Kendrick chuckled. “Yes, I’m sure Lord Musgrave would have been thrilled to hear of us strolling about town, looking like a pair of mud larks. Let’s hope that maid of yours is trustworthy, by the way.”

She winced. If Father ever found out about this little expedition, she was sunk. “If Hannah does bungle the story, I’ll simply say I needed some fresh air and stepped out for a stroll.”

“Yes, nothing sets one up like a toddle in the pouring rain, I always say.”

“One problem at a time, Mr. Kendrick,” Sabrina firmly replied. “Right now, I am simply desperate to get out of these wet clothes.”

He looked blankly down at her for a moment before shifting uncomfortably on the seat. Clearly, he wasn’t the only one feeling rather squished.

“I told the driver to take us around to the mews.” His voice sounded oddly strained. “We’ll use the kitchen entrance to avoid being seen.”

“I imagine it’ll be quite the surprise when we appear like this.”

“No worries, lass. Tommy ran ahead to warn St. George.” Kendrick pulled a slight grimace. “Sorry. I should be calling you Lady Sabrina. I’m much too informal.”

Sabrina rather liked it when he called her lass, which was absurd. “You must admit that our introduction has been decidedly less than formal.”

“That’s one way of putting it.”

He’d gone back to sounding grim. Once again, she got the feeling he was immensely frustrated about something—not her, per se, or her idiotic accident. It was obvious that he hadn’t simply been taking a morning constitutional. He’d been in the park for a reason, and her topple into the Serpentine had knocked him off course.

Still, there was nothing she could do but apologize, which she’d already done. Right now, her primary objective was avoiding the incineration of her life from a horrendous scandal of her own making. Even though the marquess was a handsome and charming man, he certainly wasn’t worth this much trouble. At the end of the day, what man truly was?

The hackney took a sharp turn, all but tumbling her into Kendrick’s lap. She once more became sharply aware of his muscled thighs and imposing body—aware in a way she found shocking. Especially since the front of his wet breeches perfectly outlined—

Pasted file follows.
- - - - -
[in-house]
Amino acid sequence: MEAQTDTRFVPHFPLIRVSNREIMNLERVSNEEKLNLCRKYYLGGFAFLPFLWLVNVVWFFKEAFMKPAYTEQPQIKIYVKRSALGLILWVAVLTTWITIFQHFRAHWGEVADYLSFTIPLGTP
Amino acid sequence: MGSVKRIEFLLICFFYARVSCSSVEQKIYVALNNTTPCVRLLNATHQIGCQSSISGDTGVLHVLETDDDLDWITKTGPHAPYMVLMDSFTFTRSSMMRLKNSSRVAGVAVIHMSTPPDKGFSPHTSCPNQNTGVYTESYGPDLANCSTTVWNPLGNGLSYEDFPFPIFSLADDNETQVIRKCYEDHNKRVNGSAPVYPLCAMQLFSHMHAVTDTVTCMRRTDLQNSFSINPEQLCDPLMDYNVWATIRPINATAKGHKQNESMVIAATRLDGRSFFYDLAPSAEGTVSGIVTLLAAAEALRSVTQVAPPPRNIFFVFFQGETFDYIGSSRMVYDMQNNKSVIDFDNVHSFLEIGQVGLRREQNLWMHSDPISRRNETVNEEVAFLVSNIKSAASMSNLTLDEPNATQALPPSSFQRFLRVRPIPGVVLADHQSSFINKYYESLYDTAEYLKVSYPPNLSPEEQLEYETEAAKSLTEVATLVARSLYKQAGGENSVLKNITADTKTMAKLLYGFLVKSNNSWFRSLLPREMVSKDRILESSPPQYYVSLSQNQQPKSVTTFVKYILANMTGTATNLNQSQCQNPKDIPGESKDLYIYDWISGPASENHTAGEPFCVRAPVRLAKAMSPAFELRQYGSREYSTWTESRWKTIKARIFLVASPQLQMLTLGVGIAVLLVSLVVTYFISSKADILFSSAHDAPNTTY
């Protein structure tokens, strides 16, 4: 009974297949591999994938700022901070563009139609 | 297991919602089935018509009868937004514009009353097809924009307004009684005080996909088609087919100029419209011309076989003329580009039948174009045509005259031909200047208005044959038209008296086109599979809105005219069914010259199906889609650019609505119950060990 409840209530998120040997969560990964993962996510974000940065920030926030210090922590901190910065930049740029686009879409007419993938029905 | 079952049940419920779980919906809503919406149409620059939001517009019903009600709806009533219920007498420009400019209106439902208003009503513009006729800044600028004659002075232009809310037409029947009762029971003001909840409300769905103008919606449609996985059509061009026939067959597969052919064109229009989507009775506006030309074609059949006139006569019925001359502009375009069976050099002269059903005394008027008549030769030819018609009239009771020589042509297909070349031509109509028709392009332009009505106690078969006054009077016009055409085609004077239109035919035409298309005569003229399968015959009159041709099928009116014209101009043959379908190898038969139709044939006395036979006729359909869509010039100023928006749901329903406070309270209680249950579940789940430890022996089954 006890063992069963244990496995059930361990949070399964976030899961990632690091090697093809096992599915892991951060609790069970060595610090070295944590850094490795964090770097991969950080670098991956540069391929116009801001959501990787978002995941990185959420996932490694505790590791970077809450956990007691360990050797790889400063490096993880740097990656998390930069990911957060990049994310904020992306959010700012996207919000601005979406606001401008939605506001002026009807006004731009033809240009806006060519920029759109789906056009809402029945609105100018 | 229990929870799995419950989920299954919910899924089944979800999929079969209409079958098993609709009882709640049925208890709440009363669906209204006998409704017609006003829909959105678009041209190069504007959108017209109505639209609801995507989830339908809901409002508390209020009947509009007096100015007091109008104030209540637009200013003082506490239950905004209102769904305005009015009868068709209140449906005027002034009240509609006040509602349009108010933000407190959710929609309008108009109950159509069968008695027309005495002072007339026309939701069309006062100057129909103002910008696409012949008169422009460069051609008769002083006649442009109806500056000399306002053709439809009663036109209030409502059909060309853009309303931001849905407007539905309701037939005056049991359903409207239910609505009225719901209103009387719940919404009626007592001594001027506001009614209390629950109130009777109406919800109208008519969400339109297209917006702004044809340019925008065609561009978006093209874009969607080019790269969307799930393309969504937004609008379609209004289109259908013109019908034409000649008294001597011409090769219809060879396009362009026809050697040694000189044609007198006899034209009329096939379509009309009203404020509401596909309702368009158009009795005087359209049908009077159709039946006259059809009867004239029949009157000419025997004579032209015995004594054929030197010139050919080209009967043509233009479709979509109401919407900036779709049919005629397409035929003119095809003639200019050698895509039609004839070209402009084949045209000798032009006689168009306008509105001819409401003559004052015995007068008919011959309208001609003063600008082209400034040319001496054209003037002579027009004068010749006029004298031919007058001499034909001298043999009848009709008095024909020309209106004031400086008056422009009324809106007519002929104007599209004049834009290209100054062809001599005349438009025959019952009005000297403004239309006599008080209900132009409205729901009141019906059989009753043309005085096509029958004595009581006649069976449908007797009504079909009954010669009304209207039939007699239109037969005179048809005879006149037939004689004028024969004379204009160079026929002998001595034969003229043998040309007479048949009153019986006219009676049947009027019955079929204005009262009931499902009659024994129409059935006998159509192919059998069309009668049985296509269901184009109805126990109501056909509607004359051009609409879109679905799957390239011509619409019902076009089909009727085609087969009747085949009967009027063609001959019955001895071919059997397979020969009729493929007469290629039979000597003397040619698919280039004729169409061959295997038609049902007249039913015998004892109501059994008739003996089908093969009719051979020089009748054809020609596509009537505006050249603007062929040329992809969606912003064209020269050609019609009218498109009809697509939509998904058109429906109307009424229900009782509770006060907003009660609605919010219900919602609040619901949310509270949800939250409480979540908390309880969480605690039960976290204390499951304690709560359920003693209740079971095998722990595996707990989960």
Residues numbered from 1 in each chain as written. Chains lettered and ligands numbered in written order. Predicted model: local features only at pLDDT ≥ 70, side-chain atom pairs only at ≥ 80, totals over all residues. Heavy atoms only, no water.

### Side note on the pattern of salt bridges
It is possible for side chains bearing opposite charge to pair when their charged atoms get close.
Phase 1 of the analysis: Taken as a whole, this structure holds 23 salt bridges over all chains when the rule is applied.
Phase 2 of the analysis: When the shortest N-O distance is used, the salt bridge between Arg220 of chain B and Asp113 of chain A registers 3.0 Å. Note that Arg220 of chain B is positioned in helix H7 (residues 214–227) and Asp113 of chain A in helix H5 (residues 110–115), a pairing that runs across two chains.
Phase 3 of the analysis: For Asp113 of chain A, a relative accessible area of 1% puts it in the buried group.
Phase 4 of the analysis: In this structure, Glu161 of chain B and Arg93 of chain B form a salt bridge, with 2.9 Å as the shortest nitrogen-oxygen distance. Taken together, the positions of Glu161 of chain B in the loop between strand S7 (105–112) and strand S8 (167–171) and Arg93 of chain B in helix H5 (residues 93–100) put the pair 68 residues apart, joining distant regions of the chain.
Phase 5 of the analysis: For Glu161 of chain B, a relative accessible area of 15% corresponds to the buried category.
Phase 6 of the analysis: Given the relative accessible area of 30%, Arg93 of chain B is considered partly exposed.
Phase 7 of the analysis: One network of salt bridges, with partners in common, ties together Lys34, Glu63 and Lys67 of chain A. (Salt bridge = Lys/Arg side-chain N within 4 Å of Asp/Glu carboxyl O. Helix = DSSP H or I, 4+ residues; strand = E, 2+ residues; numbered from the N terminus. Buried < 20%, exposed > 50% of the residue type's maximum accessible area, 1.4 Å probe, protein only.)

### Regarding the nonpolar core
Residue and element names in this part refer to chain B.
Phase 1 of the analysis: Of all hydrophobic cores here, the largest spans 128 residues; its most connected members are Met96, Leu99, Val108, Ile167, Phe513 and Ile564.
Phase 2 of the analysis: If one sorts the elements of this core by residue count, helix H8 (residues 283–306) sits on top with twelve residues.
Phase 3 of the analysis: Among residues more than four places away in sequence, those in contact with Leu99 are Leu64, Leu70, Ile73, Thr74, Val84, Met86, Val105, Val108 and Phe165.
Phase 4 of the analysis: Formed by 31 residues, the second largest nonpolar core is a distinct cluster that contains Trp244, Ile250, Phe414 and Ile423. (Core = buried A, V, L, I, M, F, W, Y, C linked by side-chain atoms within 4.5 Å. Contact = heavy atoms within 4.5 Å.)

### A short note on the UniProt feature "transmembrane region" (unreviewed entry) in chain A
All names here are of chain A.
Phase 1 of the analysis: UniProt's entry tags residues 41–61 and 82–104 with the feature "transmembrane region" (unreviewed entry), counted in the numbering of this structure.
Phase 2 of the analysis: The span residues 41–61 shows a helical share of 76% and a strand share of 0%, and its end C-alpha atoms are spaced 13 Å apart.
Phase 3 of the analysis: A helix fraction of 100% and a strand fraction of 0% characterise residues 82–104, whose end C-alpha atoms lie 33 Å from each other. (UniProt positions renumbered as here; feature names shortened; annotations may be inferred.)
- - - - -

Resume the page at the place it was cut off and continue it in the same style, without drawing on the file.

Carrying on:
Sabrina righted herself. “I beg your pardon.”

“We’re here,” he brusquely replied.

He was already opening the door and swinging out before the carriage came to a complete halt.

Trying to ignore the heat rushing to her face, she took his hand and stepped down with as much dignity as she could muster.

“You’re very flushed,” Kendrick said with a frown. “I hope you’re not catching a fever.”

She mentally winced. “I’m sure I’m not. I rarely fall ill.”

There was an awkward pause.

“Oh, well, that’s splendid,” he replied.

This had to count as the most embarrassing day of her life, and the clock had yet to strike nine.

He steered her to a sturdy iron gate in the garden wall. Extracting a key from his waistcoat, he unlocked the gate and ushered her through, pausing to lock it behind him. His caution seemed excessive, but more to the point—why did he have a key to St. George’s garden?

Kendrick led her along a gravel path through a small but pretty enclosure. A tidy kitchen garden was tucked into one corner, while a wrought-iron gazebo, surrounded by beds of roses, took up the rest of the space. Even in the rain it was a charming retreat, and a great deal more welcoming than the formal Italianate gardens behind Musgrave House.

At the end of the walk stood a modern-looking brick townhouse. The St. Georges had moved to Cadogan Square shortly after their marriage, and now led a life of quiet domesticity. Since Lady Vivien, a vivacious and charming social butterfly, had once been one of the most popular beauties of the ton, Sabrina still found the change in her friend rather mind-boggling.

“There you are,” cried the lady herself as Sabrina stepped down into a low-ceiled and blessedly warm kitchen.

Vivien, in a frivolous dressing gown and an even more frivolous nightcap, dodged around the cook, the kitchen maid, and a footman, all of whom seemed unsurprised by either their mistress’s unconventional appearance or by a pair of bedraggled guests muddying up the clean stone floor.

Ignoring Sabrina’s bedraggled state, Vivien gave her a hug before turning to a neatly dressed, middle-aged man who appeared from the pantry with a stack of clean towels. “Ah, Simpson, thank you.”